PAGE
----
If you’re sending your child back to school, technology can be intimidating. Should your elementary-age child have a computer? If so, what should you buy? And how do you keep it safe?
Here’s what I tell my K-5 parents about how to handle the stress of equipping the 21st century tech kid:
By third grade, children need a computer. Here’s why:
- There’s a good chance your child’s class has a website. All of my school’s classes from kindergarten up do. On those webpages, teachers list what happened during class, homework, resources, extensions, expectations and more. You’ll want to access those to stay up to date.
- It’s hard for you as a parent to keep in touch with all the ancillary teachers your child sees during the day AS WELL AS the classroom teacher. I’m talking about the art teacher, the PE teacher, language B teacher, technology teacher. A good way is to access their school webpages. Here’s my profile, which, if you were a parent, would link to my class technology page. All of our Specials (the teachers who cover subjects outside of the classroom) have their own webpages. This is likely true in your school, too.
- A lot of teachers choose to communicate with parents via blogs or twitter. Here’s my blog. It’s a great way to casually keep parents and students up to date on class activities. I haven’t re-started mine for the new school year, so don’t expect much today. Check back in a month!
- Much classwork integrates information from the internet. If your child is excited about something shown in class, s/he’ll want to revisit at home. That’s as simple as an internet connection and the website (probably posted on the class webpage). In tech class, students have a class internet start page and a class wiki (I’ve linked to my fifth grade wiki) that track everything done in class for follow-up at home. All are accessible from one location on my class webpage to make it easier on parents and students.
- As hard as parents try, it’s difficult to dig through backpacks and uncover test scores, grading rubrics, and their ilk. It’s likely grades will be available online. Take advantage of the ability to check your child’s grades. Know there’s a problem when there’s still time to fix it.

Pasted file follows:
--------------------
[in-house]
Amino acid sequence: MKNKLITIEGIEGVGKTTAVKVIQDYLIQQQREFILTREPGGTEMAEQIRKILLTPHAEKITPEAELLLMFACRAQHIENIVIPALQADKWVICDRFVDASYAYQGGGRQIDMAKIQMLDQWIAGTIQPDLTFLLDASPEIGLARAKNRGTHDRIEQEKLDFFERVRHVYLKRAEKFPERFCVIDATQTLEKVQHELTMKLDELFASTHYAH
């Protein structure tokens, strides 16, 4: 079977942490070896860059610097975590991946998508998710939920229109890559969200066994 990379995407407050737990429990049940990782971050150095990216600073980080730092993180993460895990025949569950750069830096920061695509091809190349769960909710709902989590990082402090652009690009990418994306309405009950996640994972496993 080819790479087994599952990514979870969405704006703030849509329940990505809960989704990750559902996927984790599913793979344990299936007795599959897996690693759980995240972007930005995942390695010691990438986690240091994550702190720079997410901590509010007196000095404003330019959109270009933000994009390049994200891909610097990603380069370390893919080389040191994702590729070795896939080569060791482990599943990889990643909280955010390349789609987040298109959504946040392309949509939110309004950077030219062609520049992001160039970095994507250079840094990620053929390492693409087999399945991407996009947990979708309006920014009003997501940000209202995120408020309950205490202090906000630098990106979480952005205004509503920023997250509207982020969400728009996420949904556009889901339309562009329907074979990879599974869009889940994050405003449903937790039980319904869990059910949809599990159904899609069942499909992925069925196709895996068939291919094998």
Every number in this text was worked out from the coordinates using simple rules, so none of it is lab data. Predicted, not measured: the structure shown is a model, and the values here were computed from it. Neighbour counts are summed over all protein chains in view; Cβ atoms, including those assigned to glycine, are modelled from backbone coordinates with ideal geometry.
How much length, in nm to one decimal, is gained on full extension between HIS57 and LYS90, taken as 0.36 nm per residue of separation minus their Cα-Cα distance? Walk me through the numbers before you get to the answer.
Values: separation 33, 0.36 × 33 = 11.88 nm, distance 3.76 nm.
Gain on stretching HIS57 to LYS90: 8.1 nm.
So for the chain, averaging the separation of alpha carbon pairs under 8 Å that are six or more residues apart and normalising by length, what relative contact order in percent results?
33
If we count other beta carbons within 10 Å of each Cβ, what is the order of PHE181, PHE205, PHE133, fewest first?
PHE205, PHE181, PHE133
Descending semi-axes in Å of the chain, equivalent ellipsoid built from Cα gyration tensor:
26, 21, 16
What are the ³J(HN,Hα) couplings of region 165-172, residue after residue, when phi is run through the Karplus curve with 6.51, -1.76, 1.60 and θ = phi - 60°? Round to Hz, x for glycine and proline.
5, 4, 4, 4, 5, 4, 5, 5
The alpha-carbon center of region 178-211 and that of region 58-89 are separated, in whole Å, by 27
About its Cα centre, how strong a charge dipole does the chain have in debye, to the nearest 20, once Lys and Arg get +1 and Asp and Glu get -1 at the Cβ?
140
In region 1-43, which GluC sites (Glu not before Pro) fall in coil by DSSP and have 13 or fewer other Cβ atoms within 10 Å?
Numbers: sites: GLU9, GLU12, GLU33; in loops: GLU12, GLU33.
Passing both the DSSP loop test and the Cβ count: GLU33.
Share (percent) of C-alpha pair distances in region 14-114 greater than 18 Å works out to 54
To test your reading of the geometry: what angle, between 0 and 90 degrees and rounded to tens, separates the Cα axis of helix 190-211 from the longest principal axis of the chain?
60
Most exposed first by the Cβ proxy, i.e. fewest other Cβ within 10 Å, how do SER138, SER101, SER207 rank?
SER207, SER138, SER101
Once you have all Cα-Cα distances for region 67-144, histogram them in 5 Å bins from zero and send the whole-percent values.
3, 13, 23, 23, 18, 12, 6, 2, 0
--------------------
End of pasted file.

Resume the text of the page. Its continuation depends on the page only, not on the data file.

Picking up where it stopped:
- Some classes may have their materials online. For example, my school uses a math program that is entirely internet-based–no books. The same is true of my technology program. This saves parents the worry of accessing homework, bringing books home, or losing them. Check to see if this is true of any of your child’s classes.
- Your school may provide digital lockers for your child. We do this for fifth grade and up. This means students can store material developed at school in a safe spot on the internet that is accessible from home.
- Much of the resource information for parents at a school is included online. This includes sports, lunches, school calendar, health information, applications, etc.
Convinced your child requires a computer in today’s digital classroom? Good. Click for what to include on that computer.
Any questions about all of this? Leave a comment. I’ll answer within a day. Good luck with the new school year!
Jacqui Murray is the editor of a technology curriculum for K-fifth grade and creator of two technology training books for middle school. She is the author of Building a Midshipman, the story of her daughter’s journey from high school to United States Naval Academy midshipman. She is webmaster for five blogs, an Amazon Vine Voice book reviewer, a columnist for Examiner.com, and a weekly contributor to Write Anything and Technology in Education. Currently, she’s working on a techno-thriller that should be ready this summer. Contact Jacqui at her writing office or her tech lab, Ask a Tech Teacher.
Jacqui Murray is the author of the popular Building a Midshipman, the story of her daughter’s journey from high school to United States Naval Academy, and the thriller, To Hunt a Sub. She is also the author/editor of over a hundred books on integrating tech into education, adjunct professor of technology in education, webmaster for four blogs, an Amazon Vine Voice book reviewer, a columnist for TeachHUB, monthly contributor to Today’s Author and a freelance journalist on tech ed topics. You can find her books at her publisher’s website, Structured Learning. The sequel to To Hunt a Sub, Twenty-four Days, will be out this summer. Jacqui Murray has been teaching K-8 technology for 15 years. She is the editor/author of over a hundred tech ed resources including a K-8 technology curriculum, K-8 keyboard curriculum, K-8 Digital Citizenship curriculum. She is an adjunct professor in tech ed, CSG Master Teacher, webmaster for four blogs, an Amazon Vine Voice book reviewer, Editorial Review Board member for Journal for Computing Teachers, CAEP reviewer, CSTA presentation reviewer, freelance journalist on tech ed topics, and a weekly contributor to TeachHUB. You can find her resources at Structured Learning.